Five-year-old Josie Barnabee, of Libertyville, Illinois, and her 3-year-old brother, Ben, have more “honorary” grandparents than they can count. Since they were babies, they’ve spent one morning a week at Winchester House, a local nursing home, where they exchange hugs, sing songs, play games, and talk with the elderly residents. “When they walk out of the elevator, the residents come to life,” says their mom, Jenny.

The Barnabees aren’t alone in their commitment to reach out and help others. Parents with young children are increasingly making volunteering a regular part of their routine, whether it’s delivering meals to the homebound, planting flowers at a local park, or spending time with people with disabilities. For busy parents who want to spend time with their kids while still contributing to their community, volunteering as a family is an ideal activity.

The benefits are enormous. Volunteering teaches even toddlers and preschoolers about compassion, empathy, tolerance, gratitude, and community responsibility. And children who volunteer are more likely to continue doing so as adults. “It sounds clich?d, but my kids realize that small things they do can make a big difference,” says Tara Whalen, of Norwalk, Connecticut, who’s volunteered at AmeriCares with her family since her oldest child, now 11, was a baby. “My four kids have become much more appreciative of what they have because they realize there are others who aren’t as fortunate as they are.”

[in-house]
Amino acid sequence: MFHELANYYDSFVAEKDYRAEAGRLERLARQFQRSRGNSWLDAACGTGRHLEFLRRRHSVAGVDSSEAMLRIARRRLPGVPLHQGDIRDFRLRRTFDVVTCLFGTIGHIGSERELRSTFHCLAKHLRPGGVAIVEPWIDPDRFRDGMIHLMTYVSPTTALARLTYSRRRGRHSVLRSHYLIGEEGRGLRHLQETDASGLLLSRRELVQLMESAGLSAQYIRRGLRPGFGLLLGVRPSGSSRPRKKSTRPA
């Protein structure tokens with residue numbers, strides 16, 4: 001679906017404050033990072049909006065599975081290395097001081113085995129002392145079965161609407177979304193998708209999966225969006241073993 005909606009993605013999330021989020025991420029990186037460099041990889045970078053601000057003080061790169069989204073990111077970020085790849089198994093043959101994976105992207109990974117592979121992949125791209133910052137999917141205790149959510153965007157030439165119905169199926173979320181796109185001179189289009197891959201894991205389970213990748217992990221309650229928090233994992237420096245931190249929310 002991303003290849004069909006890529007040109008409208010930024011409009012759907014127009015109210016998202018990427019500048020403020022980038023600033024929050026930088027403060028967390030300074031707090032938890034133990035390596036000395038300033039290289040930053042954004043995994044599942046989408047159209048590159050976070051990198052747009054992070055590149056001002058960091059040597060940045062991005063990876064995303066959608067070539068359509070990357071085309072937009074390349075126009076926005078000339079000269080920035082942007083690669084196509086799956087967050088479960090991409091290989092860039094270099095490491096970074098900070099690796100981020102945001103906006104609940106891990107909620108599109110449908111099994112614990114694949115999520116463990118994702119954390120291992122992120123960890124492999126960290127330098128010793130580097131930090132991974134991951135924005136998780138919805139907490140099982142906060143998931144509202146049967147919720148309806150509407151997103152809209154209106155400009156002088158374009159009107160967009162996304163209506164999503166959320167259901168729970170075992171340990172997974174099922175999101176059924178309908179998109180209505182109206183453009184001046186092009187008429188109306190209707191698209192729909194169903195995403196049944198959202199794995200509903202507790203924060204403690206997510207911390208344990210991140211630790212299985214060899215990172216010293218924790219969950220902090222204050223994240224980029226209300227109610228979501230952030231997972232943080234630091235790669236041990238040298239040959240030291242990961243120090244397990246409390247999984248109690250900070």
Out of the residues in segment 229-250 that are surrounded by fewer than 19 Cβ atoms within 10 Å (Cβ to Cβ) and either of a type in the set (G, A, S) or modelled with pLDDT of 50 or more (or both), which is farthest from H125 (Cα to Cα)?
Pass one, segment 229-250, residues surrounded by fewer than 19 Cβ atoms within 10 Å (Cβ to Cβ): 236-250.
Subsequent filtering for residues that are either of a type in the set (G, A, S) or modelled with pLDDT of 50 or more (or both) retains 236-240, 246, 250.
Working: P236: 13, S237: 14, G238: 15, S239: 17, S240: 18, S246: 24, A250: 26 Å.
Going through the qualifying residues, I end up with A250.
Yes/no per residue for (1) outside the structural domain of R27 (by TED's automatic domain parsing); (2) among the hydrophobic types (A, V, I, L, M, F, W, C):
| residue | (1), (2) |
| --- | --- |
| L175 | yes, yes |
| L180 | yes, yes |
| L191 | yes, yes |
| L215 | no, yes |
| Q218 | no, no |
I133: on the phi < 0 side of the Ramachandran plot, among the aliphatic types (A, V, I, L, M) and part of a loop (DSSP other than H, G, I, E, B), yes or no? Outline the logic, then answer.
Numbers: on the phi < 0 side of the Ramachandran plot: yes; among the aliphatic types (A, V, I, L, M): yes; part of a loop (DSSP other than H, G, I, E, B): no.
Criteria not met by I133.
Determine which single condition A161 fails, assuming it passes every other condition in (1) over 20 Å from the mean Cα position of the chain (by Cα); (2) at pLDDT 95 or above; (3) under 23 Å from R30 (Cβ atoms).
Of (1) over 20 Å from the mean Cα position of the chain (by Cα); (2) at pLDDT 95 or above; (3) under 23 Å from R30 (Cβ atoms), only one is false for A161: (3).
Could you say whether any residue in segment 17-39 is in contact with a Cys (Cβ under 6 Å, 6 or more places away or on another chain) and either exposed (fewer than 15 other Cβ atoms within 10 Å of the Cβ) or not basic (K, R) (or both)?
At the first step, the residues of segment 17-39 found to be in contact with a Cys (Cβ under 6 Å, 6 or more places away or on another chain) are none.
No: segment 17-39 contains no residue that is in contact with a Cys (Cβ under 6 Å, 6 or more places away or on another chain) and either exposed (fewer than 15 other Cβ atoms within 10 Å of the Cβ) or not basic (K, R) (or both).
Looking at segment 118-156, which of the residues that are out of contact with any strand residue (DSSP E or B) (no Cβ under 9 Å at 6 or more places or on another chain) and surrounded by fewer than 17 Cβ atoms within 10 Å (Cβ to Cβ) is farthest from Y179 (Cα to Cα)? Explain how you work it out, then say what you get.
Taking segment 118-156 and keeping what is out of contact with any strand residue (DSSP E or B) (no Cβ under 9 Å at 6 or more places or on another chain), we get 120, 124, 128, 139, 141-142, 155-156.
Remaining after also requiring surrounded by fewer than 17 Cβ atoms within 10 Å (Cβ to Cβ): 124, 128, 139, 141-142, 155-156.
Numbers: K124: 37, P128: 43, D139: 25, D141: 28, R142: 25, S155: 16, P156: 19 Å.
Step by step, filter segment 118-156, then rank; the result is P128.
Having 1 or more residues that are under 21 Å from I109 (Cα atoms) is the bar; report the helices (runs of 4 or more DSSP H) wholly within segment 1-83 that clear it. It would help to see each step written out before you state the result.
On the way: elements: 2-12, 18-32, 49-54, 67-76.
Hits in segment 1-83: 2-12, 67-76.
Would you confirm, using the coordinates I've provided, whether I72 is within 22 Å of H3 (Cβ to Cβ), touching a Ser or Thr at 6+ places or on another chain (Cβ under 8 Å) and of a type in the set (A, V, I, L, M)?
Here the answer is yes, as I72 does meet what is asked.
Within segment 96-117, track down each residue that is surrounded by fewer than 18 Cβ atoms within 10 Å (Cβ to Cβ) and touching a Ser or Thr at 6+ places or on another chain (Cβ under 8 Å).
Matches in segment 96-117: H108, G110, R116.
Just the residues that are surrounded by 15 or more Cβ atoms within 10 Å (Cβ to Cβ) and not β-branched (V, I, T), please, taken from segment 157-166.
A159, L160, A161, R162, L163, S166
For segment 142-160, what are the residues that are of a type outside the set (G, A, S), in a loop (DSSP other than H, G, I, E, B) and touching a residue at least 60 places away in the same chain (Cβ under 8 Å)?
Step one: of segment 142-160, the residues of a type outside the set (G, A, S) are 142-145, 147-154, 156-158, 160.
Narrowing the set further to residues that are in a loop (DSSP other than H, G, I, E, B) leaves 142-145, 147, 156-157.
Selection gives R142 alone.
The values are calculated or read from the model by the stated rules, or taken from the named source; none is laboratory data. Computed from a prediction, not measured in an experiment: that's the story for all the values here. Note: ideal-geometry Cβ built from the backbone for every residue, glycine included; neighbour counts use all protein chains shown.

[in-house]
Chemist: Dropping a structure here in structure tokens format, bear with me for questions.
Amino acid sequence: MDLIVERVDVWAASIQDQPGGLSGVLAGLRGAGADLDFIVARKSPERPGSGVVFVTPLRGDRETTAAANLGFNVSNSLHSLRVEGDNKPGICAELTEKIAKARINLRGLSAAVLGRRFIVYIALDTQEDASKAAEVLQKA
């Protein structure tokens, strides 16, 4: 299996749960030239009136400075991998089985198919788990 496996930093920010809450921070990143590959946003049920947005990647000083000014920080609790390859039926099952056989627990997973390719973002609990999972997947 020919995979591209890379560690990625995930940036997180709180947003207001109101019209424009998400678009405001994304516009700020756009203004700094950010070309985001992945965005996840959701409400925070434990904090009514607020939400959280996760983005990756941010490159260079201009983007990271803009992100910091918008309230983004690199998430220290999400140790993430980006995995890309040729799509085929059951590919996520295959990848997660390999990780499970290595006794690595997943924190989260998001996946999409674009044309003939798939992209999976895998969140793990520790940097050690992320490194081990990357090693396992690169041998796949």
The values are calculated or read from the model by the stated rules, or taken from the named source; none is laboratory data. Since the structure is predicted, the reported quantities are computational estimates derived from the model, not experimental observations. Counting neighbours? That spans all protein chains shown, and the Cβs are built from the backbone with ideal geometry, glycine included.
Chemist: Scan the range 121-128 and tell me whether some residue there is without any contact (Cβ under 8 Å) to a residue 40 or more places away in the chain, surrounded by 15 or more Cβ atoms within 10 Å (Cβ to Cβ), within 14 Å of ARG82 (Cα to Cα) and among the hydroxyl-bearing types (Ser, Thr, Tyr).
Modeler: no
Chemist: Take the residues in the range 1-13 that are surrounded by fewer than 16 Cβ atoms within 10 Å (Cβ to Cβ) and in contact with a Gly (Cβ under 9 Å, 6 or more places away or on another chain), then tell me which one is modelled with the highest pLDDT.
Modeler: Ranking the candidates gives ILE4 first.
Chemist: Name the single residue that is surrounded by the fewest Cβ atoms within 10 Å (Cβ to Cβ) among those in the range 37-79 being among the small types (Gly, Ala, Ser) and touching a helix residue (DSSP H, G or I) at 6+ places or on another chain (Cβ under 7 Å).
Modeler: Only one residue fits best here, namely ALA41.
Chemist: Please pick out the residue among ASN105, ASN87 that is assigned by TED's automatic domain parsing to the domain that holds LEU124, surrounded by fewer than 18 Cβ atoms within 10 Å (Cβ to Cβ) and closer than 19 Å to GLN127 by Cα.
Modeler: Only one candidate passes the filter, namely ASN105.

When Marce and Steve Piller, of Minneapolis, realized that the families of other children at their kids’ schools couldn’t afford to pay for class pictures or field trips, they started their own “charity” called Little Bitz with their three children. They save all their loose change in a large jar and hold fund-raising events such as bake sales and garage sales.

10 Ways Kids Can Help:

  1. Donate food to a food pantry. Have your child pick out one item each time you go to the store. When you get a bagful, take it to a local food pantry.
  2. Walk to fight disease. Many organizations use walks to increase awareness and raise funds. Kids 5 and up can walk a few miles, and you can push little ones in a stroller.
  3. Put together activity boxes. If your child is a preschooler, decorate shoe boxes and fill them with a deck of cards, small games, and puzzle books for kids at the local hospital.
  4. Visit a nursing home. Your family can be matched with one person to call on regularly.

– Jenny Friedman


Read More: Helping Others is the Best Way for Children to Build Strong Morals; Volunteer With Your Kids

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